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Avoiding 'MalPISAnce': Caveats on International Test Rankings

I'm sure I'm not the first to wish you this but ... Happy PISA Day, everyone!  

As you partake in this triannual international celebration of 15-year-olds' problem-solving skills (which I assume you kicked off this morning by reading the Ed Week article on the assessment results), here are some things to keep in mind:

• Be wary of the "rankings." It's tempting, in looking at the raw data, to say that the U.S. ranks 24th in reading. But in truth, the United States ranks somewhere between 19th and 31st in reading, because there is a range in which scores do not differ to a statistically significant degree. Countries that fall within that range should be described as on par with each other or within the same performance category. The charts in the NCES report (and those in our story) do a good job of noting these distinctions.

• Be careful saying X country did better than Y country. This is related to the point above. You'll need to know what constitutes a statistically significant difference before saying for certain if one education system outperformed another. The NCES report only offers this information from the U.S. perspective.

• Do not confuse correlation with causation. This is a point we've made repeatedly with national and international test results, but it's worth reiterating here. Since PISA was released this morning, I've gotten dozens of emails from advocacy groups saying the results bolster or repudiate whatever policies they support or eschew (the Common Core State Standards, early childhood ed, high-stakes testing, poverty-reduction efforts, teacher preparation, etc.). But, as several sources point out in my story, the results do not explain why particular countries performed a certain way, only that they did. Even the experts most skilled at talking about PISA test scores can quickly fall into the causation trap, so please take this caveat to heart. (My colleague Stephen Sawchuk recently wrote about the misuse of NAEP test scores, quoting a researcher who calls it "misnaepery." Any ideas for PISA? MisPISAzation? MalPISAnce?)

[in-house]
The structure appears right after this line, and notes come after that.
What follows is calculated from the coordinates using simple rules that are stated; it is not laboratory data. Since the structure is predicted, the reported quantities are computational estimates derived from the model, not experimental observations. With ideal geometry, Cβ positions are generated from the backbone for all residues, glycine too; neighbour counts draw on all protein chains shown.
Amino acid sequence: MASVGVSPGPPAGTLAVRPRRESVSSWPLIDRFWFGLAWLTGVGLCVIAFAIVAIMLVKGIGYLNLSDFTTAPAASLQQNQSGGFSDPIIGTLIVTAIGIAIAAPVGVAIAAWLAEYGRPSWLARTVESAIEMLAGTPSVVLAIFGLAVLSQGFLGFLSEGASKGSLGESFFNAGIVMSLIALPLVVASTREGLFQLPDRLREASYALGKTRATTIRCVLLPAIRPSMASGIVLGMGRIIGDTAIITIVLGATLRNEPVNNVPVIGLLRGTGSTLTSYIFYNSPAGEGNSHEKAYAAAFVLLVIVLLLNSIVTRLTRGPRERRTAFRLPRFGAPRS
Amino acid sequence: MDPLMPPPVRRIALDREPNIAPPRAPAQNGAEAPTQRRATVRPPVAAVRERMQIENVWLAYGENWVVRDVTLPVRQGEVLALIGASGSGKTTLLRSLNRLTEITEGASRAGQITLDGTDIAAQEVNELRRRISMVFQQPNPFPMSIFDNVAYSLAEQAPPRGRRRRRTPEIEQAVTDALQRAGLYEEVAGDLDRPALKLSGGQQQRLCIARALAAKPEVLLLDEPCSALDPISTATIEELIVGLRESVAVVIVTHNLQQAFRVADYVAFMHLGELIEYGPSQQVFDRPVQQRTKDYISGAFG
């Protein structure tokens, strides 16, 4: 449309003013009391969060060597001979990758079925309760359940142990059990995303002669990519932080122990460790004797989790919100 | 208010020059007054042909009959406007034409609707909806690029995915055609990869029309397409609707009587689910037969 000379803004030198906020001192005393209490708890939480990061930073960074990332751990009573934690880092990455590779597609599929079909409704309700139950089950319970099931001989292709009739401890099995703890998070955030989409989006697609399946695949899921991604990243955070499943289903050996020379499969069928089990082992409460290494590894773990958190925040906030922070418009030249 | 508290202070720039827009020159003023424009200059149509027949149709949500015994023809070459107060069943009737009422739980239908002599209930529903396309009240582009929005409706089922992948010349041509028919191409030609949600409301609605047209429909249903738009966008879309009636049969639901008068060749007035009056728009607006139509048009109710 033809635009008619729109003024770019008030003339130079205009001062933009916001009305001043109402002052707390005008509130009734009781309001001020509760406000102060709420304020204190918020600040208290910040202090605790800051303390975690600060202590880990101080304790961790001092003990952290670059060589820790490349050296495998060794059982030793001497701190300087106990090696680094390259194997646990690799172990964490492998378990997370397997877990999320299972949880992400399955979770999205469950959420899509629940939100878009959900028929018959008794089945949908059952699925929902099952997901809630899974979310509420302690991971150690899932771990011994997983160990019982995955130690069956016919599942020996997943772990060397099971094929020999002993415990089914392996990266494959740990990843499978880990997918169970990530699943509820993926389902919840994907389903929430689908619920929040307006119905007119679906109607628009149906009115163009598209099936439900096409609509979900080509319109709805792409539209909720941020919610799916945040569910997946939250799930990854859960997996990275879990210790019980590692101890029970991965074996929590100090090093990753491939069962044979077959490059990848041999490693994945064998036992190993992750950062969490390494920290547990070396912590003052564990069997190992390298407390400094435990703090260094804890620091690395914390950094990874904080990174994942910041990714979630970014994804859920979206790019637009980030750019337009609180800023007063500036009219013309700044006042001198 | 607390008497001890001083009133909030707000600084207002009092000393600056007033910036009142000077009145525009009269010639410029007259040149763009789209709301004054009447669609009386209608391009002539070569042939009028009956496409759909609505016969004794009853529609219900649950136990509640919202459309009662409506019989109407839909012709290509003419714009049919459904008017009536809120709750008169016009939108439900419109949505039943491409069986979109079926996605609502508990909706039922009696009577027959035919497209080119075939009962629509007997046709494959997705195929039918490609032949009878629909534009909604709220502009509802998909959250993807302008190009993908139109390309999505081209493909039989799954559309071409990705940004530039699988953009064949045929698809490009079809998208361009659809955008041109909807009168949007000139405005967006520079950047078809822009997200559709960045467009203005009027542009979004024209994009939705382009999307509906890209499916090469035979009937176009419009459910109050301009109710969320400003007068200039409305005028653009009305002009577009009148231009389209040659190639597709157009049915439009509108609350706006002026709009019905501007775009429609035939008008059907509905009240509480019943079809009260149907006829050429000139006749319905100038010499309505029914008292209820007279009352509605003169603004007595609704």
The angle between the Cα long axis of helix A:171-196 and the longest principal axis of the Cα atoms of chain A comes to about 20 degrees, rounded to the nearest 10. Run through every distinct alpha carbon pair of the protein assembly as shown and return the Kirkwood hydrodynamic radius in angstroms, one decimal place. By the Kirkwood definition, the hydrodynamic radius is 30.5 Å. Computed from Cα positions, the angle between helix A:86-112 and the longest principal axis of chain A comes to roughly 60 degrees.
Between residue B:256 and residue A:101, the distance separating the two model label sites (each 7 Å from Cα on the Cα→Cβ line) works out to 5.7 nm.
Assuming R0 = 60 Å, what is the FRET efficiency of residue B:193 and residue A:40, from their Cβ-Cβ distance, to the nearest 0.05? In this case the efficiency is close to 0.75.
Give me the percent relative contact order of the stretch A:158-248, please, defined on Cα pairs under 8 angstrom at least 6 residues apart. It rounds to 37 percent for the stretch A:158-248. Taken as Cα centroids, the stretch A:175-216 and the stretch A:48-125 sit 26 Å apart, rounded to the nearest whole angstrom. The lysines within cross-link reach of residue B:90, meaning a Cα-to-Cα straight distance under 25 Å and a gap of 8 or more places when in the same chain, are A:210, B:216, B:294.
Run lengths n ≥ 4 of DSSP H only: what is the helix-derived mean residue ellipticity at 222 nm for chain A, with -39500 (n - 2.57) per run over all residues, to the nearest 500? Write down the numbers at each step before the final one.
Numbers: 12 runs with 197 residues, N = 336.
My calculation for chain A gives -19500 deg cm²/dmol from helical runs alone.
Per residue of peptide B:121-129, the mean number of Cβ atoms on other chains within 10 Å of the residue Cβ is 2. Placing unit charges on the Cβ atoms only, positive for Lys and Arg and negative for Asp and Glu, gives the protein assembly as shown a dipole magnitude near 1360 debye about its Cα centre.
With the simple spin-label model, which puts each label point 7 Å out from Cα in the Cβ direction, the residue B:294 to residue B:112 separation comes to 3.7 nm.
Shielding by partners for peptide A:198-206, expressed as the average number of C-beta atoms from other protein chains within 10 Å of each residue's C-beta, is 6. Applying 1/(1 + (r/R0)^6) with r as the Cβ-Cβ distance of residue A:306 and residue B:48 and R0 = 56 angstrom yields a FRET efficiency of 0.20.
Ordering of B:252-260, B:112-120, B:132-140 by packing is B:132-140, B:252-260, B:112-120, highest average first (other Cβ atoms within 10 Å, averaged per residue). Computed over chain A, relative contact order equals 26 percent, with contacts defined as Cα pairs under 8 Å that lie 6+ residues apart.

• Don't forget TIMSS. PISA, as you know, is just one of several prominent international assessments (though it does tend to get the most attention). And TIMSS, which came out last year, told a fairly different story—it showed the U.S. scoring better than the global average in math and science, and it had 4th graders improving in math. So maybe U.S. students are improving more in the early grades and hitting a wall in high school ... or maybe all of these results should be taken with a grain of salt. 

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